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For the first time, we have census data on gender identity, with over 250,000 people in Wales and England declaring their gender identity as different from sex registered as birth in the 2021 census, published this month. 

This means that at least 0.5% of people in England and Wales are likely to be trans (which we are using as an umbrella term), with over 1% of those aged between 16 and 24 identifying as trans

This new data on gender identity is an important step in recognising the long neglected and overlooked reality of the trans community. From three to five-year waits to access healthcare to poor mental health outcomes, trans young people face significant inequalities, and the census reinforces that the needs of our communities can no longer be ignored. 

What is Census 2021?

Every 10 years, all people in England and Wales have to answer a set of questions at the same point in time. This is called the census, and it helps inform public services and understand the population.

What does it tell us about gender diversity in England and Wales? 

It was exciting to see the census offer eight options for gender identity, including trans man, trans woman and non-binary. People were also asked if the gender they identify with is the same as their sex registered at birth.

Some initially interesting findings include:

  • More people are identifying as trans than previously estimated.
  • The highest proportion of trans people are aged between 16 and 24. 
  • At least 1 in 100 16 to 24-year-olds recorded their gender identity as different from their sex registered at birth, which has strong implications for students in every college and university across the country. 
  • 85% of people who identify as non-binary are aged between 16 and 34. 
  • The number of people describing themselves as trans men and trans women was roughly equivalent, at 0.14% and 0.13% of the total population respectively.

Why is this data important?

The data signals a shift away from the assumption that everyone is cisgender and straight, and it will be important for public services, like education or the NHS, to provide targeted help which meets the needs of the trans population.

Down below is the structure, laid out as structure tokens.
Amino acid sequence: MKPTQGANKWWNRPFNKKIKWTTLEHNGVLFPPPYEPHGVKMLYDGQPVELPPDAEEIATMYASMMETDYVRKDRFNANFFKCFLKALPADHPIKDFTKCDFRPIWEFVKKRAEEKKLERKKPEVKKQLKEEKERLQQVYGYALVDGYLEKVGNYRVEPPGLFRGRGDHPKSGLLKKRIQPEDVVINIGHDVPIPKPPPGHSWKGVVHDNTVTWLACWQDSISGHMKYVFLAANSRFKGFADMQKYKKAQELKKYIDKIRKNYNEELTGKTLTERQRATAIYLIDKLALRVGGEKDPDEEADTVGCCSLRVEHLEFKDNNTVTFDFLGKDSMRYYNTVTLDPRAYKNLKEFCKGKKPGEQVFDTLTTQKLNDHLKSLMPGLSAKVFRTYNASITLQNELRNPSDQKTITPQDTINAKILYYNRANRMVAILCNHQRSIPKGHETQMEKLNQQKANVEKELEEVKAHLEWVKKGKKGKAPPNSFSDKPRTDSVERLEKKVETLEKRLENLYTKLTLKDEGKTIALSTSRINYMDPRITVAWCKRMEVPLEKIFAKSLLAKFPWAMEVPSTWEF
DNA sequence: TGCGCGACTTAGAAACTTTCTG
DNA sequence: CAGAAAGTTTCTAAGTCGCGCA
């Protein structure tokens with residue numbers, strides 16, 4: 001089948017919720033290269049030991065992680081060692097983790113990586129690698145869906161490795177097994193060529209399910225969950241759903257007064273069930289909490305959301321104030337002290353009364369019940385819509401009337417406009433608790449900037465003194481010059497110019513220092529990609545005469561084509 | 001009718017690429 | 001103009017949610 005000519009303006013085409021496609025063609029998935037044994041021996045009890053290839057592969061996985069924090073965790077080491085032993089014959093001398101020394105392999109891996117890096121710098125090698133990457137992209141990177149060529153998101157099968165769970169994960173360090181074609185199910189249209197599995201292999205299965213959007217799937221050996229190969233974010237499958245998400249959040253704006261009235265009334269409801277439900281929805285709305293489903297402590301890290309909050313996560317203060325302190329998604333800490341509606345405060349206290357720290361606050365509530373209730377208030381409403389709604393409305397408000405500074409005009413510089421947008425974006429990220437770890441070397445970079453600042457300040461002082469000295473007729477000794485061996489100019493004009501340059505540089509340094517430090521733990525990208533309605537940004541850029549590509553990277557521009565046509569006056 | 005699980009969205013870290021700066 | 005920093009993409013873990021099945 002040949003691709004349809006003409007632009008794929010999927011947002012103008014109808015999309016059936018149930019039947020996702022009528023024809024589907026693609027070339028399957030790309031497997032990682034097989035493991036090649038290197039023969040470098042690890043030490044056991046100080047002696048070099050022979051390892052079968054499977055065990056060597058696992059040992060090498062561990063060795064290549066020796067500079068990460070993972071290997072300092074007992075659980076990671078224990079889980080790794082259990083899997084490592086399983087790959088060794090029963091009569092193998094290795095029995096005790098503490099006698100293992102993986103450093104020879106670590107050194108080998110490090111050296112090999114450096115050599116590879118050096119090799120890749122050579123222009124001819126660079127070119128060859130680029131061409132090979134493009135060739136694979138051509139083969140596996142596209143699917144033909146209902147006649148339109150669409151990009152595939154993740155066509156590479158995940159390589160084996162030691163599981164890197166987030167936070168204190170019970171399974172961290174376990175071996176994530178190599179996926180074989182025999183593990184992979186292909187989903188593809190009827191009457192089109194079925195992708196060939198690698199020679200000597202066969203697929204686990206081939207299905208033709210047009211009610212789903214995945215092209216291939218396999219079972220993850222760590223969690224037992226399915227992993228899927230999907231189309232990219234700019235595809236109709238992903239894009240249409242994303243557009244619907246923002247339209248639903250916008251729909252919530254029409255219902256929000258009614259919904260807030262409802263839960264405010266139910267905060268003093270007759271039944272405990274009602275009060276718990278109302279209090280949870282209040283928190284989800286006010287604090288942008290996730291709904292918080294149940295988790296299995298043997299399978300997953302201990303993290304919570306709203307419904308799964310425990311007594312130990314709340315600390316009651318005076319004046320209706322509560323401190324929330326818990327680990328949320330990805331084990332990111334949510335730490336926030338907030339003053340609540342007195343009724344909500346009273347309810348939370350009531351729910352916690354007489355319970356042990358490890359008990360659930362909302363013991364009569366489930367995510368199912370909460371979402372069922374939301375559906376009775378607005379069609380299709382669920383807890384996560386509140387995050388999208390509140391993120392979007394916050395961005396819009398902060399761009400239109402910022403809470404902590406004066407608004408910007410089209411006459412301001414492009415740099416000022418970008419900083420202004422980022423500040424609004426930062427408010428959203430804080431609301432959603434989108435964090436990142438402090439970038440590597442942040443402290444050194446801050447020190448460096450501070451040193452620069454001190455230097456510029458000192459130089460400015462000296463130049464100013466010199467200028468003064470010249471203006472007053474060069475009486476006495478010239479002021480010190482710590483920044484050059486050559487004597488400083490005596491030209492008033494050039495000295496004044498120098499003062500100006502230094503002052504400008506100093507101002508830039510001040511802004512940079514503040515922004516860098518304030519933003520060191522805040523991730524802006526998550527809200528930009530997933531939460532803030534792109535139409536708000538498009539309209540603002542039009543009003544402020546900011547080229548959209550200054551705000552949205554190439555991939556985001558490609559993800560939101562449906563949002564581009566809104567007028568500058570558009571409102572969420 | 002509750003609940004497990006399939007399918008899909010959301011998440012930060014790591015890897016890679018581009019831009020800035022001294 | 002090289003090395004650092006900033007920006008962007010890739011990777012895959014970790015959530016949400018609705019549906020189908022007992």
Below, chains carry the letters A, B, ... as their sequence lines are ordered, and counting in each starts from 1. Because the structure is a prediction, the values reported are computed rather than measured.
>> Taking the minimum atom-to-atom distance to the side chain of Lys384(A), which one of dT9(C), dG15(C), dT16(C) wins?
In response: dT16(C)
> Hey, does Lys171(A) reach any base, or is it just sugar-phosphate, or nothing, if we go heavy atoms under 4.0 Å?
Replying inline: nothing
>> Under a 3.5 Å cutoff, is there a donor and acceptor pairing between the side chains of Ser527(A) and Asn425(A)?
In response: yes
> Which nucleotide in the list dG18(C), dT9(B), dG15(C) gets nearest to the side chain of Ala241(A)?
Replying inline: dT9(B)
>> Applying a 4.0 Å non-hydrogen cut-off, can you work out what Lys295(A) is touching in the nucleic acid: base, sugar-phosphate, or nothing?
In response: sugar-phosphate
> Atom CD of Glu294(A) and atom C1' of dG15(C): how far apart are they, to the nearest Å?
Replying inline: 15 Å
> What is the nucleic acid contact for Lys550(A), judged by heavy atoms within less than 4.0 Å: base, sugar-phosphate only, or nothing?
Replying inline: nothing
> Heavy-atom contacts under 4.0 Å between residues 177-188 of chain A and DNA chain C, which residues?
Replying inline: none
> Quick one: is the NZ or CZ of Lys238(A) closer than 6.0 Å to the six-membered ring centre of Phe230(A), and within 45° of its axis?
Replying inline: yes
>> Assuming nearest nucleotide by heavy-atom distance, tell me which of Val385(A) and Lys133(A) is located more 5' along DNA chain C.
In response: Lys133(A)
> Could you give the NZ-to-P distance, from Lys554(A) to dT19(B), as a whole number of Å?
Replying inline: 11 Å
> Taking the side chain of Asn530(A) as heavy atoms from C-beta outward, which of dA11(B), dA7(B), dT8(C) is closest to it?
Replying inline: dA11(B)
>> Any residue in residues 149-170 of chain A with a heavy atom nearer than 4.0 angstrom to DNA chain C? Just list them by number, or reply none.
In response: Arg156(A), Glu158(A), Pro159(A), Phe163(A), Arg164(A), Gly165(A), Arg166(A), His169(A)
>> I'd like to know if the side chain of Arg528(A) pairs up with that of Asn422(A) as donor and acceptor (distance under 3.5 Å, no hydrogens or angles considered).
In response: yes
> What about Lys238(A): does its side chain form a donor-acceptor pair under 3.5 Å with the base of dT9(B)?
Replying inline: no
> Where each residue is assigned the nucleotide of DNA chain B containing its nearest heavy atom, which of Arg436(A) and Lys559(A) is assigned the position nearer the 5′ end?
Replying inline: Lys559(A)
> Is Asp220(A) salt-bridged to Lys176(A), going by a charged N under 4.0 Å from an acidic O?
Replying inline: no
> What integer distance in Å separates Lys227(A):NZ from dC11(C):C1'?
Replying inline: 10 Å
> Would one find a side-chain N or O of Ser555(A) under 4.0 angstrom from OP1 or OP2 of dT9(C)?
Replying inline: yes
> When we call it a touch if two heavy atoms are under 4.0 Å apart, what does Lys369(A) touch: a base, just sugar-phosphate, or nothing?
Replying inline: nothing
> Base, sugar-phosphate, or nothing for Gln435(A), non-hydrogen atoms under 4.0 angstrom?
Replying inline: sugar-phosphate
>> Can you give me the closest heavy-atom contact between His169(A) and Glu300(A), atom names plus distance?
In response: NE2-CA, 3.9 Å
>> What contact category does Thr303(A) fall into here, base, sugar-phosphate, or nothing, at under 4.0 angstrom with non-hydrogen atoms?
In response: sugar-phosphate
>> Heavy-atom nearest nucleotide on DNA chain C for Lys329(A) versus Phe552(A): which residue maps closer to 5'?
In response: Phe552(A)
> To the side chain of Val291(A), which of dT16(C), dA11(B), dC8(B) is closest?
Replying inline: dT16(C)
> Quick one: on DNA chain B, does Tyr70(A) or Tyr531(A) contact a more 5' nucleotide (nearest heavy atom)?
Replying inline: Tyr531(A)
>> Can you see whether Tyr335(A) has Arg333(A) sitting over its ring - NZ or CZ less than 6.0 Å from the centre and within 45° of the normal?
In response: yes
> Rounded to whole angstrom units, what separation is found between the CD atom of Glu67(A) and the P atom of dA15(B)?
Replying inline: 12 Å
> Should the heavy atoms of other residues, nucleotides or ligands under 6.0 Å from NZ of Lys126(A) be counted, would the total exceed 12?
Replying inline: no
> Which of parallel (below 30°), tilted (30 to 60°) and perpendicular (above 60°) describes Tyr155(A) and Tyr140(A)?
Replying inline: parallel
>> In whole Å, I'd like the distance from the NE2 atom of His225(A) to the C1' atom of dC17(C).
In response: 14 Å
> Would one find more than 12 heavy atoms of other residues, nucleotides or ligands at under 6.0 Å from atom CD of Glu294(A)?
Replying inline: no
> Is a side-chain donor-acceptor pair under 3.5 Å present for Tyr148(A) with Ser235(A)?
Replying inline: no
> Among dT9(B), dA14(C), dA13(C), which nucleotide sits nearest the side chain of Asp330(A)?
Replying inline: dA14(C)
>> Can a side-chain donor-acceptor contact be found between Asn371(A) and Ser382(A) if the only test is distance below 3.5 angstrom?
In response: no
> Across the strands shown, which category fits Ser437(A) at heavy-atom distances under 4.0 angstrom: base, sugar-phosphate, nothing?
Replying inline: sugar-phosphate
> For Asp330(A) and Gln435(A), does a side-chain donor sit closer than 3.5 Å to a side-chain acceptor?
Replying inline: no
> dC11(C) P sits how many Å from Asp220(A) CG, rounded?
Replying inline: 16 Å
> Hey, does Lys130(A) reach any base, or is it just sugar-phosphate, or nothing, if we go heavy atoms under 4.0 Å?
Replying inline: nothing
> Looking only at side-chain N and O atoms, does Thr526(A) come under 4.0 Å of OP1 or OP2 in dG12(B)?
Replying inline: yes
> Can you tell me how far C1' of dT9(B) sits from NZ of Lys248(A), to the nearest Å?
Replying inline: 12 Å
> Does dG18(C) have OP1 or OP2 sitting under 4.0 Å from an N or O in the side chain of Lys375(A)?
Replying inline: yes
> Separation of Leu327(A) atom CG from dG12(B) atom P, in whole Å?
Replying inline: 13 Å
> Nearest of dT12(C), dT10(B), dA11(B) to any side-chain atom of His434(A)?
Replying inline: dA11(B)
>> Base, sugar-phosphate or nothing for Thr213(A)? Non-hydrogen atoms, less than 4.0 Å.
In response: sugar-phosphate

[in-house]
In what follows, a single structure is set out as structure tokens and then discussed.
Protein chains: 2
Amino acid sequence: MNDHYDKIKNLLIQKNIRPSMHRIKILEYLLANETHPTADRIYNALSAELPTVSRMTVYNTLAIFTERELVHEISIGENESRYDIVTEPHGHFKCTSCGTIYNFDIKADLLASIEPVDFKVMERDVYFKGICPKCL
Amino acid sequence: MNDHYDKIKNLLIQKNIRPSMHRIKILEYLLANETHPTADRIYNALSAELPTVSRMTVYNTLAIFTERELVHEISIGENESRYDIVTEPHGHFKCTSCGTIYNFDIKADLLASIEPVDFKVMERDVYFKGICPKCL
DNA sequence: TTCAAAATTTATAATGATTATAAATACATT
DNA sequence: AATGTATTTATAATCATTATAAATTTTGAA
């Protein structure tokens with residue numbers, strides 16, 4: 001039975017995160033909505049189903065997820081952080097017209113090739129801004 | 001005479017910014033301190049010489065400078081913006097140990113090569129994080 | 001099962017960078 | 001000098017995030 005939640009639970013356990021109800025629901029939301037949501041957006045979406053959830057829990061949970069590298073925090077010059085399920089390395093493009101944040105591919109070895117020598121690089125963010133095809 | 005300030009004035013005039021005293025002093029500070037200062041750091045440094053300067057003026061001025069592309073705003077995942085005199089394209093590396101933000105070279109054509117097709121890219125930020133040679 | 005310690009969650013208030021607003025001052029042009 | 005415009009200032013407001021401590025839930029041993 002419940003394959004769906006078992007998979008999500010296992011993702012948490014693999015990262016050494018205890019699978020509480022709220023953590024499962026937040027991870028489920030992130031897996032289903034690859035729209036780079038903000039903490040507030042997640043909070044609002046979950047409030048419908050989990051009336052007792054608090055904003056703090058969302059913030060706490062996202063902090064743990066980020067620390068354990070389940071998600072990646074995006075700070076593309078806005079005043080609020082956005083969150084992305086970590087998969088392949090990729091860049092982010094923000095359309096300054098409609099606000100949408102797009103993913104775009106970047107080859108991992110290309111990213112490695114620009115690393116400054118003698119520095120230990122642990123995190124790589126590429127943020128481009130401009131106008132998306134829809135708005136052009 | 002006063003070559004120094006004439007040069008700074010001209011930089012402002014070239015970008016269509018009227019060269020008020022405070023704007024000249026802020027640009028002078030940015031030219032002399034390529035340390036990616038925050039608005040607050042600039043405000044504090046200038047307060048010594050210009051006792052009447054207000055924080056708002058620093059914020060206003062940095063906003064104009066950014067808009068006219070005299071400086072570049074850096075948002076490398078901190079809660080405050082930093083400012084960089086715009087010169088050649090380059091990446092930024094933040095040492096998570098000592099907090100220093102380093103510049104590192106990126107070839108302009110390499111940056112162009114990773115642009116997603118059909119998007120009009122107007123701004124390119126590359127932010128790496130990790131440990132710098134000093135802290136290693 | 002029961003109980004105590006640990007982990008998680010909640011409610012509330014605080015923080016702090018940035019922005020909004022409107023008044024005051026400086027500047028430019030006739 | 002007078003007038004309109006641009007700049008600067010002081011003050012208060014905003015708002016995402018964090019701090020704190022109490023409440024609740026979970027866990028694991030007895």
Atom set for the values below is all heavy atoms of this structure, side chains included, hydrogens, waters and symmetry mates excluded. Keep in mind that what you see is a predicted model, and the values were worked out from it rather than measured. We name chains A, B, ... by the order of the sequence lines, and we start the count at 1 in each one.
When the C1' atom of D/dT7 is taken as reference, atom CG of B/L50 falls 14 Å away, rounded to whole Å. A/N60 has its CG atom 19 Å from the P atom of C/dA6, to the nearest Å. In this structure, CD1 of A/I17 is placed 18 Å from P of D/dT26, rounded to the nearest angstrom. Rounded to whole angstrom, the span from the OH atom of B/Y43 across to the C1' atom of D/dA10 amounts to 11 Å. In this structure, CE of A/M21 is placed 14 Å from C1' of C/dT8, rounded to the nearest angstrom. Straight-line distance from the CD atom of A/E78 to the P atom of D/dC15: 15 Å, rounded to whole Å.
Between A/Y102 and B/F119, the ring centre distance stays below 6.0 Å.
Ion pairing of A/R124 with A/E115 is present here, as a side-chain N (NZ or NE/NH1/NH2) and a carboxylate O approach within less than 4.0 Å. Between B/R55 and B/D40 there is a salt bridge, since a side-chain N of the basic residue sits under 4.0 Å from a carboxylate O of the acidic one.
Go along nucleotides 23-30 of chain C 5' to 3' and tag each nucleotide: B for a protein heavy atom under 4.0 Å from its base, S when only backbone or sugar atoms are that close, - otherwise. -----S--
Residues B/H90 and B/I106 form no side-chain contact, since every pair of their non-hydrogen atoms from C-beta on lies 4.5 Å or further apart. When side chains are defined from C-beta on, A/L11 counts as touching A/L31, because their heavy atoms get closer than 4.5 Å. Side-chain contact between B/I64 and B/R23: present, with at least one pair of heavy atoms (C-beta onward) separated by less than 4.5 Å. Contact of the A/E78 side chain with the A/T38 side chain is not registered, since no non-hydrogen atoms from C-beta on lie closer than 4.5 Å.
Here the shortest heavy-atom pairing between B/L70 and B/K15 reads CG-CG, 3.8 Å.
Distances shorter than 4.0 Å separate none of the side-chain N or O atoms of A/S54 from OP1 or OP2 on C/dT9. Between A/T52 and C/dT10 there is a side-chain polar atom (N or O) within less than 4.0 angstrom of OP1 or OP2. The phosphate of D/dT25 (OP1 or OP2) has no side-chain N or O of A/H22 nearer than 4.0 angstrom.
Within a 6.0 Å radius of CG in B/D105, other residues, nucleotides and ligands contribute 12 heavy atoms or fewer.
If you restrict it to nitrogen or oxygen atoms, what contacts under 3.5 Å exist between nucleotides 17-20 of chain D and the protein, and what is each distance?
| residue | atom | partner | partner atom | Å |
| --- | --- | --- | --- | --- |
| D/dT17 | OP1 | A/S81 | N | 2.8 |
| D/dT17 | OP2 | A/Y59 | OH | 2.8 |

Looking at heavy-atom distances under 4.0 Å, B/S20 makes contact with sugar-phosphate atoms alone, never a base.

The information from 16 to 24-year-olds, and the higher proportion of trans people in that age bracket, may reflect the greater visibility, and in some places, greater acceptance, afforded to trans people in recent years, with young people feeling more empowered to be open about who they are. 

What is still missing?

Declaring your own gender identity in a census has its challenges, especially for anyone completing the form in your family household as a young person. As academic Dr Ruth Pearce tweeted:

“Historically, we have been a hidden population. The census is a blunt tool, and not everyone will feel ready or safe to be counted.”

Many non-binary and intersex people raised concerns that the census only provided options for “male” and “female” when indicating sex. While we recognise the importance of the two new questions on gender identity, it was not inclusive for all trans people.

It is noteworthy that of trans women, 66.16% answered female to the sex question and of trans men, 67.50% answered male to the sex question. This highlights that terms like sex and gender carry different meanings for trans people which should be reflected in further analysis of this data. 

The 2022 Scottish census, from which data is yet to be released, asked “Do you consider yourself to be trans, or have a trans history.” In Northern Ireland, the 2021 census unfortunately did not ask respondents about gender identity. 

Mermaids would like to thank Dr Kevin Guyan for his advice on this blog. Kevin’s 2022 book Queer Data can be found here.